10 Azerbaijani Films You Need to Watch

Movie set of Ali & Nino | © Sefer azeri/WikiCommons
Movie set of Ali & Nino | © Sefer azeri/WikiCommons
Photo of Sam Bedford
15 February 2018

Several films hail from the Caucasus depicting complex situations, from rural life to events towards the end of the Soviet Union and forbidden love stories. Sharing similarities to Persian screenplays, these 10 Azerbaijani films offer a cultural insight into the way of life in a faraway place and a different era.

Ali and Nino (2016)

Based on the famous book, this Azerbaijani film follows the story of forbidden love. A boy from Baku falls in love with a girl from neighbouring Georgia. Challenges arise because the boy is Muslim while the girl is Christian. The drama follows their story in Baku during World War One and after Azerbaijan declared their independence from the Russian Empire in 1918. Despite being slightly Westernised, Ali and Nino offers an insight into what life was like in Baku a century ago.

Pomegranate Orchard (2017)

Produced in 2017, the drama depicts the story of a farmer’s son who returns home after leaving his wife and son 12 years previously. The drama shows the emotional difficulties faced by the family living on a humble pomegranate farm when the son returns to bring his wife and child to Moscow. Watching this film gives the interested viewer an idea of rural life in Azerbaijan. Pomegranate Orchard was Azerbaijan’s entry at the Academy Awards for Best Foreign Language Film.

The Scoundrel (1988)

Towards the end of the 1990s, the Soviet Union began to crumble and lose influence and power in their republics. Corruption and decadence followed, descending into chaos. Vagif Mustafayev directed The Scoundrel, known locally as Yaramaz, to show the situation and challenges as the Soviets weakened through the eyes of a local Azerbaijani. Set in Baku towards the end of seven decades under communism, this film introduces viewers to the challenges of life before independence

Nabat (2014)

Nabat is the heartbreaking story in Azeri of a woman living in the conflict-riddled Nagorno-Karabakh. She loses her son and husband and refuses to leave the village when the enemy starts to advance. After befriending a lone wolf with cubs, Nabat realises that both she and the animal are in the same dire situation. Sadly she dies in the first winter when Azerbaijan retakes the poverty-struck village. Director Elchin Musaoglu sheds light onto the sad reality many villagers faced living in the disputed region in the late 1980s.

On Distant Shores (1958)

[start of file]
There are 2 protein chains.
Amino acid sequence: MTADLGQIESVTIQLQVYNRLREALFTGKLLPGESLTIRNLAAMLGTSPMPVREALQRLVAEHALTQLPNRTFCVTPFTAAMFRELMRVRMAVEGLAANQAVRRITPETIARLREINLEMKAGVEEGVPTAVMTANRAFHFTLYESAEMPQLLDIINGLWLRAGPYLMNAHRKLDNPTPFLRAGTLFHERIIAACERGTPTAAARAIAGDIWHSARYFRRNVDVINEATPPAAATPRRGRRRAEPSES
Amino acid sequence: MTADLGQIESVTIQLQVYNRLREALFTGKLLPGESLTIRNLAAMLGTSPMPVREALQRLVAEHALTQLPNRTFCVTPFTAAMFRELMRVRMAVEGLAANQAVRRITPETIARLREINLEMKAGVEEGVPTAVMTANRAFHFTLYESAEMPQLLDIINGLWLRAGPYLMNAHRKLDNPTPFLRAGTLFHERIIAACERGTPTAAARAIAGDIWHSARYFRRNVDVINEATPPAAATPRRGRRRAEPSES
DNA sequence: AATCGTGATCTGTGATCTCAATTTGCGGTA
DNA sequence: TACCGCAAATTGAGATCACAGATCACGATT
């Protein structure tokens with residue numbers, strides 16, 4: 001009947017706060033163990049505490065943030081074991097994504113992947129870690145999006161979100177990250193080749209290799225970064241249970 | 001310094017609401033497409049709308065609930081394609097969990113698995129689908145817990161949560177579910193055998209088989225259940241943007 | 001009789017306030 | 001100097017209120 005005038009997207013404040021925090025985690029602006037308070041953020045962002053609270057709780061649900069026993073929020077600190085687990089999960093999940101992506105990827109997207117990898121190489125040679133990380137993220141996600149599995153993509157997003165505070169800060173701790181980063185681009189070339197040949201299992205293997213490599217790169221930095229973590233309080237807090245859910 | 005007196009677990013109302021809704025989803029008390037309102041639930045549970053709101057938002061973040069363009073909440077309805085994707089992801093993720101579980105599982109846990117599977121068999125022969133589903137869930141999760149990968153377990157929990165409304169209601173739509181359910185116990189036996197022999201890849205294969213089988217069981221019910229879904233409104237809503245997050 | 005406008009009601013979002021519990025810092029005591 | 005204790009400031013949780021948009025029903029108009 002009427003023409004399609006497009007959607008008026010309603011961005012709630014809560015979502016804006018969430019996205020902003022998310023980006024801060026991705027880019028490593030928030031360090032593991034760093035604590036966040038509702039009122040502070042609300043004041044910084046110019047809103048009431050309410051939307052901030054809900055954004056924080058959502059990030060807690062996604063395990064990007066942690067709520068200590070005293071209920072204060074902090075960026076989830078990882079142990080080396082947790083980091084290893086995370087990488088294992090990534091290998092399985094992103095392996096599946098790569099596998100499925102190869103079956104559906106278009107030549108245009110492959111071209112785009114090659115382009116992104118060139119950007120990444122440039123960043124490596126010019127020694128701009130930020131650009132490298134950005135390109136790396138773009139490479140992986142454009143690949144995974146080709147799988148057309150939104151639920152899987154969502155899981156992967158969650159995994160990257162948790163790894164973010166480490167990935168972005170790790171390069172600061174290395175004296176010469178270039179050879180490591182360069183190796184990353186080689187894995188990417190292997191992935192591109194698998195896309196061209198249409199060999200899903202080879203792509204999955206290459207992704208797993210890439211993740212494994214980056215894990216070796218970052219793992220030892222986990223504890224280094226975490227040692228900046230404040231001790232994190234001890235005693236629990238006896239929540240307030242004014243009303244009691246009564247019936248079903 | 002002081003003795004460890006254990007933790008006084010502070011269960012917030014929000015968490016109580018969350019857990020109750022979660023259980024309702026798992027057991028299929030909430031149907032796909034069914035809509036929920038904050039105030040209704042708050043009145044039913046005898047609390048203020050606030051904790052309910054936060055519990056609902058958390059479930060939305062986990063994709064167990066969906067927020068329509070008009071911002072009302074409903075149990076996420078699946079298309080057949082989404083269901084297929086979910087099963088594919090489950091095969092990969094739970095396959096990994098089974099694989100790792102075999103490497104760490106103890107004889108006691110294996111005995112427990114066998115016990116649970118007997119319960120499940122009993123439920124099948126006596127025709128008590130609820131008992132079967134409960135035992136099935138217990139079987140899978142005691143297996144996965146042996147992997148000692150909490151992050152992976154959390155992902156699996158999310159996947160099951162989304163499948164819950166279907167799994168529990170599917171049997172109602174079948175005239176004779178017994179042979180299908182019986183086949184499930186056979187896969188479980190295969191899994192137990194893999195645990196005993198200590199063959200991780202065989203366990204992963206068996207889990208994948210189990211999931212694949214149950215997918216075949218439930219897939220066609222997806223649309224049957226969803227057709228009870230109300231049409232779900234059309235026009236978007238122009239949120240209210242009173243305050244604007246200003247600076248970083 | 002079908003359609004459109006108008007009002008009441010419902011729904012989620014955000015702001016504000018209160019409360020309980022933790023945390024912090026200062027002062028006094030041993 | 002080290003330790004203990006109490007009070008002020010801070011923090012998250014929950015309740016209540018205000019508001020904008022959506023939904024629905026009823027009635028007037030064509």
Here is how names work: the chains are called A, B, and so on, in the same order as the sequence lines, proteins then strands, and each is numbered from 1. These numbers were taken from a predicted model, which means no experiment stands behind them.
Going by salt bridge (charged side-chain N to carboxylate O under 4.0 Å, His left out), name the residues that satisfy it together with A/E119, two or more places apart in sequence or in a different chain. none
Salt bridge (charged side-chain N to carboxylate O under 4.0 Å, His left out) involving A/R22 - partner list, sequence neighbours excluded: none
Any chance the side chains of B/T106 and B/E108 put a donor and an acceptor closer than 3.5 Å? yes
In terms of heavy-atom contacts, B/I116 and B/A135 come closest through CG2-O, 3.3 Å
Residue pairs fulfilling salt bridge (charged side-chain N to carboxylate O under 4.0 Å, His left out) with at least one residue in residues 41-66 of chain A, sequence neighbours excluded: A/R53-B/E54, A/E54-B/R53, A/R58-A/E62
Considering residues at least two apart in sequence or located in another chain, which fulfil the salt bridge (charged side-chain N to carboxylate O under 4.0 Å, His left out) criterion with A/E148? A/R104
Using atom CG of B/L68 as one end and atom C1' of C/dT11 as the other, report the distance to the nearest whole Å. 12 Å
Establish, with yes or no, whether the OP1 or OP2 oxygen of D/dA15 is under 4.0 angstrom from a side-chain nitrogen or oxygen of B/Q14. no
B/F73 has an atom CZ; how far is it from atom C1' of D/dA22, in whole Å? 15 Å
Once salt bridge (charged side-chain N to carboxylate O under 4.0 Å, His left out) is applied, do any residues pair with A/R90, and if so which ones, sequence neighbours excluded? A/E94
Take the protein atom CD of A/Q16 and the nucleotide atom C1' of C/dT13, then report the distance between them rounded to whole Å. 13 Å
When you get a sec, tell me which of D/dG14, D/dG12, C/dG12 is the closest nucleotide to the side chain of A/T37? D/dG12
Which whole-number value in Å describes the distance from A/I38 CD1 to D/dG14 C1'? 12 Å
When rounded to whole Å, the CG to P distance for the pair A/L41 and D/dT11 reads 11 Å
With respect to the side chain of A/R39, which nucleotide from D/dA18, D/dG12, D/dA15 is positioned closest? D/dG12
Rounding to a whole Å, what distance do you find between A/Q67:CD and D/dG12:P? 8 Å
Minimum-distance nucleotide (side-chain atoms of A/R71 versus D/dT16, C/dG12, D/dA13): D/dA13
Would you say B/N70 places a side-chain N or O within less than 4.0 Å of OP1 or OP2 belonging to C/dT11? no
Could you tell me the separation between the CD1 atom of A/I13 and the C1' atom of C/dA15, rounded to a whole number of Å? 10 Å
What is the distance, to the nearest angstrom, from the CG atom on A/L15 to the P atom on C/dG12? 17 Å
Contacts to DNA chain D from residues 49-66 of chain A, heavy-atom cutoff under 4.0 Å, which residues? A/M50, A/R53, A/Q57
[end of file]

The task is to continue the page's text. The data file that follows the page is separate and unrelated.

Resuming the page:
The old Azerbaijani film was produced and screened in Soviet Azerbaijan. An Azerbaijani guerrilla goes to fight the Nazis in Yugoslavia and quickly becomes the most wanted. The war film continues to follow his life and sabotage attempts that helped the Russians win World War Two. With a slight hint of propaganda to portray Russian bravery, On Distant Shores offers a window into the minds and ways of thinking in post-War Soviet Azerbaijan.

O Olmasin, Bu Olsun (1956)

O Olmasin, Bu Olsun is a remake of an earlier musical comedy composed in the 1900s. The stereotypical storyline involves a woman falling in love but being forced to marry someone else. The woman’s first lover concocts a plan to stop the wedding and tricks the second man into marrying his maid. From an outsider’s point of view, it’s challenging to understand or follow without subtitles. But persist and gain cultural insight into traditional clothes and styles of dancing.

Buta (2011)

The drama takes place in a poor mountain village and combines elements of friendship and tradition, giving viewers a taste of life in a rural Caucasus community. A young child, Buta, makes friends with an elderly man who teaches the boy important values and how to overcome hardship after his mother’s death. Buta also refers to a decorative pattern of a flower to symbolise life. The complex drama features love, betrayal and touches on specific concepts that arise in rural communities. Those with a keen eye will gain a lot from the camera work to understand village life.

The Day Passed (1971)

The Day Passed might seem like another typical Azerbaijani film as the storyline follows an unsuccessful relationship, but it’s worth 90 minutes to watch. The romantic drama in Azeri takes place in Baku. While some viewers will find the storyline difficult to follow, the film gives a good overview into the ways of life and atmosphere in Baku under the Soviet Union. Movies from a bygone era are filmed through a different lens to the present day, which can provide intriguing historical and cultural insight.

Yanlis Anlama (2017)

A recent comedy follows a Turkish family who moves to Azerbaijan. Starting in Istanbul, the family get instructions to travel to Baku and complete a series of tasks with another Azerbaijani family to receive their inheritance. However, neither family can agree with each other, leading to various slapstick situations. Aside from the humour, this film shares the undertone that Shia Azerbaijanis and Sunni Turkish consider themselves to be brothers despite religious differences.

Nizami (1982)

Nizami Ganjavi often ranks as the most famous and influential Azerbaijani of all time. The 12th-century poet often gets attributed for revolutionising Eastern poetry. The 1982 production depicts the poet’s life as a philosopher and poet living almost 1000 years ago in Ganja. Director Eldar Kuliev produces a masterpiece biography to shed light on the lifestyle and customs of Nizami.